GT:  There’s lots of stuff, lots of skeletons in everybody’s closet, whether you’re Muslim or Jewish.  When I look at the stories of the walls of Jericho, and how the Jews, they walked around seven times and then killed every man, woman, child and animal. I mean, that’s genocide. How can we, as Christians, or Jews or Muslims, how can we defend that? That’s terrible. That’s not what Christ taught. That’s terrible. So, I don’t care who you are, if you’re a student of the scriptures, whether it’s the Bible, the Book of Mormon, whatever, you’ve got to deal with these issues.

GT:  I look at Abraham. One of the most appalling things–we talk about Abraham, the father of monotheism. He was the original Moses, in a sense. The fact that he sent out his wife, Hagar and child to go die in the desert, that’s appalling to me.  Then as Christians, we’ve been conditioned to say, “Oh, but God had a plan and [Issac] was supposed to be the guy, not Ishmael.” I mean, if you really look at that, I think those there’s some serious spiritual problems that you have to deal with, no matter what your background is.  You can still choose to believe and in some cases, it is a choice. But, I guess the Article of Faith, I’m trying to remember which one it is, “We believe all things…” Let’s see, I’m going to butcher it, now. I had it a second ago.  Seek after the good things:  Faith, virtue, love, charity, kindness, humility, diligence. Indeed, we follow the admonition of Paul. Seek after the good things. I’m not going to defend Abraham sending Ishmael out to die in the desert with Hagar.   I’m not.  To me, no Christian would do that.

GT  Whether or not I have a testimony of polygamy, which I don’t, that’s just appalling behavior. There’s lots of things that every Christian, I think, if you’re a serious student of the Bible, you need to look at and come to grips with. You can’t just say, “Oh, it compels me to disbelief.” Maybe it does. If you’re happier outside of a church, I don’t want you to be miserable. You shouldn’t be miserable. Maybe Christianity is not for you. But there are a lot of good and bad things with every church, with every institution.

GT:  I actually like wrestling with these dilemmas. But, it’s not for everybody. I’m sure there’s probably some people that are like, “How can he attack the story of Abraham?” But I’ve got problems with that story.  I’ve got big problems.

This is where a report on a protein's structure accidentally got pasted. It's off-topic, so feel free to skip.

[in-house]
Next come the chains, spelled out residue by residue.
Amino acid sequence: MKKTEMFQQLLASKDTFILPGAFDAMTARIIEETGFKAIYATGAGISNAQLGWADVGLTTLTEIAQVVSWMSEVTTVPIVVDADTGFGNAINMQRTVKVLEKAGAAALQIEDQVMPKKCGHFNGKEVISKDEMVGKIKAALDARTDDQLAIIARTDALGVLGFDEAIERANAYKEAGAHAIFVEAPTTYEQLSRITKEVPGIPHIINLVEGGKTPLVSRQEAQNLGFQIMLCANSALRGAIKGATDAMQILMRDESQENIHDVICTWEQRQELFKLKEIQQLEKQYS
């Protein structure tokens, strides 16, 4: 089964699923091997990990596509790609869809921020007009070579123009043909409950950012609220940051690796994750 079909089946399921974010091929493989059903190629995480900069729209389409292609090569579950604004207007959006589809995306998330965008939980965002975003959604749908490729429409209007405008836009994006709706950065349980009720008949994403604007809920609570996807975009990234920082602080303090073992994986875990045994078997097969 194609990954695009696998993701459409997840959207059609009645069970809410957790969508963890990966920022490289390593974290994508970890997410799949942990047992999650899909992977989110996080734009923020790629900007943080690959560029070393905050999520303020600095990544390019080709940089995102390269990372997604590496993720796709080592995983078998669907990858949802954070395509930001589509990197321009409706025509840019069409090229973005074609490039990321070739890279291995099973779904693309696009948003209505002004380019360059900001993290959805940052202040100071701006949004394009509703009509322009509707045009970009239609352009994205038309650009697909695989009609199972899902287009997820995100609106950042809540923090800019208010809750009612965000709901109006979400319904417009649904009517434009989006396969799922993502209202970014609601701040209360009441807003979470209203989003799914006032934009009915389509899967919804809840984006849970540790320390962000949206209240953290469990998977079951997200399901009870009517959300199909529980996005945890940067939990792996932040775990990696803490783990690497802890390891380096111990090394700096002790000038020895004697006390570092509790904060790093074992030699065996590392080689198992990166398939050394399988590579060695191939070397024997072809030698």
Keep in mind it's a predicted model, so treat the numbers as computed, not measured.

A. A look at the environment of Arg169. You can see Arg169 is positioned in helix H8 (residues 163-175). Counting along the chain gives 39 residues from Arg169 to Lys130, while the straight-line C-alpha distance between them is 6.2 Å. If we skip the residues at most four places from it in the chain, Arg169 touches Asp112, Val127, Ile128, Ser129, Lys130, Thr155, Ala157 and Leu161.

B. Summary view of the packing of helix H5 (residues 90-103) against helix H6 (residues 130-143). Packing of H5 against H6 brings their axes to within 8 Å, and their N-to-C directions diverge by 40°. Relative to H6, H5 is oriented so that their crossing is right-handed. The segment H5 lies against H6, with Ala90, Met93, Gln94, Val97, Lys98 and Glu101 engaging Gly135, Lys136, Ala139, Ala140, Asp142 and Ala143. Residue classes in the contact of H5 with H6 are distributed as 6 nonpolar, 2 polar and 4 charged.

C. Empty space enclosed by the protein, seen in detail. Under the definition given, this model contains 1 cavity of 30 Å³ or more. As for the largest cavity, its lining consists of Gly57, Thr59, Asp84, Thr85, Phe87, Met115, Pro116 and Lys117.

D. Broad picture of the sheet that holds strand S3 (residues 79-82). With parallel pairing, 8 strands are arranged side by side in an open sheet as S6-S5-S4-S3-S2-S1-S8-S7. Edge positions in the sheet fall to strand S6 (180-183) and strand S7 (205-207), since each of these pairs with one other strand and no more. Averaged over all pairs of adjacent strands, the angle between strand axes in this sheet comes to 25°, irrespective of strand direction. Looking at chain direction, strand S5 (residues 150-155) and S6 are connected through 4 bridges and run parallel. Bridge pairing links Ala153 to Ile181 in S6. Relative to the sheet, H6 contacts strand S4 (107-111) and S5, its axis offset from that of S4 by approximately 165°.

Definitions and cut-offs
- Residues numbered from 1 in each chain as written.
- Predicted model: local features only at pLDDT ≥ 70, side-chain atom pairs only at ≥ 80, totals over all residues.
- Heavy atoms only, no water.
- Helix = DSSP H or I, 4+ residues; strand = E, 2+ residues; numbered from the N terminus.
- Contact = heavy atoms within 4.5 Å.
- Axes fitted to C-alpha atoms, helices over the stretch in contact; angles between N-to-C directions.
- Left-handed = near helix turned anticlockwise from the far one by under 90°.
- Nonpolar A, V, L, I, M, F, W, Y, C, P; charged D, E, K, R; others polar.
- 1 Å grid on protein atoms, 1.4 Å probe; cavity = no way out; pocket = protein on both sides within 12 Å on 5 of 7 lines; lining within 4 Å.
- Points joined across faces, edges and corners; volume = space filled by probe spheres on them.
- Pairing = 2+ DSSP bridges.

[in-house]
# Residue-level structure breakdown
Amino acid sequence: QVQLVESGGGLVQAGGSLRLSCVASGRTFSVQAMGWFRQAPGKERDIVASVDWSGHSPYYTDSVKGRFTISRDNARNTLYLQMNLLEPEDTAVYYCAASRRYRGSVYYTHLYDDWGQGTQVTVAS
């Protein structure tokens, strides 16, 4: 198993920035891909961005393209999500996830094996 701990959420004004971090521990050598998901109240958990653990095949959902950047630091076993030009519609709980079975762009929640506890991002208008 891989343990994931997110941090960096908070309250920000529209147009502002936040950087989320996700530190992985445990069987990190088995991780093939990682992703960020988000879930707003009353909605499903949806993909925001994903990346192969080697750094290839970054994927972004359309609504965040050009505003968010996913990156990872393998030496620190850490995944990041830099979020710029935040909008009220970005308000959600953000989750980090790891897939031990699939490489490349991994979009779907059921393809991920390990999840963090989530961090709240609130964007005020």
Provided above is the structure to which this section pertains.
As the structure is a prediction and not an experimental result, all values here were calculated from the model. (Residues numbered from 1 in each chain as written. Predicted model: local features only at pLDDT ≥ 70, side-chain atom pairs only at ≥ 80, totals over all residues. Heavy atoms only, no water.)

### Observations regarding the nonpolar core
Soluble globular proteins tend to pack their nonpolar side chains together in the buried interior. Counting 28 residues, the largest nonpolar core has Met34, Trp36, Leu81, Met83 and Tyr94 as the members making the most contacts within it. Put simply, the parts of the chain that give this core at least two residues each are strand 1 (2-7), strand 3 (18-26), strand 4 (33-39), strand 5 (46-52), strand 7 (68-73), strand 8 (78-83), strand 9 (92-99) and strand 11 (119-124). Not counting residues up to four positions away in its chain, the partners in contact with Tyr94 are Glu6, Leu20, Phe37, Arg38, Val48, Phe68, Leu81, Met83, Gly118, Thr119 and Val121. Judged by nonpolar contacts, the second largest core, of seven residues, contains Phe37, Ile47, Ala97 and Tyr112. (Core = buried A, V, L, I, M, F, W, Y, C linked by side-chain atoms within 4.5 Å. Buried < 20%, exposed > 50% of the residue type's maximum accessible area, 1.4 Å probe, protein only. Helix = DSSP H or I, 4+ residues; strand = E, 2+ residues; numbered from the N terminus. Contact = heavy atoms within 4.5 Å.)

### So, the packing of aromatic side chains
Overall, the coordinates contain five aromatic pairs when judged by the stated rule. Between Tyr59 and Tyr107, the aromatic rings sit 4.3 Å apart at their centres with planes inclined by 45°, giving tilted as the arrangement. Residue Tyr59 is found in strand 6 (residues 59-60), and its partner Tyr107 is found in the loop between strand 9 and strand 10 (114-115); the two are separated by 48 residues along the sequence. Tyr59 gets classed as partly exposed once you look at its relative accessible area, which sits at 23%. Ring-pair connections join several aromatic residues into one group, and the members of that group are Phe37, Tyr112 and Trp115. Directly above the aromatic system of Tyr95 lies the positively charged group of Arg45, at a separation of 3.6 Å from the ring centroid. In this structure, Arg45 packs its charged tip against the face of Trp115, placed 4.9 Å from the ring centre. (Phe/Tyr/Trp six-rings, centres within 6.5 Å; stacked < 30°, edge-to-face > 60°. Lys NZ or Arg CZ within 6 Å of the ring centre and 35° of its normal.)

Steve:  And you should.  I think that those are things that I’ve struggled with, as well. I mean, there’s many things in the Old Testament, and there’s even things in the New Testament. Even Christopher Hitchens said, “You think the Old Testament is bad, well, Jesus gave us hell,” the concept of hell. It’s like, “Oh, boy, that’s a good point, Chris, yeah, point taken.” So, that’s the thing about having a real, challenged faith.  If your faith is never challenged, and your view of faith is basically what you were taught as a child, and you never wrestled with it… We should wrestle with God every day. That’s part of the faith journey.  It actually strengthens us. When you’re not wrestling with him, and–you’re absolutely right about everything. He said, “You got to wrestle with that.”

What are some of the stories in the scriptures you struggle with?  Do you think studying Church history is a ticket out of a testimony?  If so, how do you explain all the Mormon scholars who still believe?  Are faith and intellect compatible?  Check out our conversation….

Are faith and intellect compatible?

Don’t miss our previous conversations with Steve!

556: Are Faith & Intellect Compatible?

555: Why Start Gospel Tangents?

554: Difference between Evangelicals & Protestants

553:  Background on Rick

Posted on Leave a comment

Differences between Evangelicals and Protestants? (Part 2 of 5)

Mormons, myself included are often clueless, about protestants and evangelicals?  What’s the difference?  I asked that question to Steven Pynakker, host of Mormon Book Reviews, and he gives his best answer.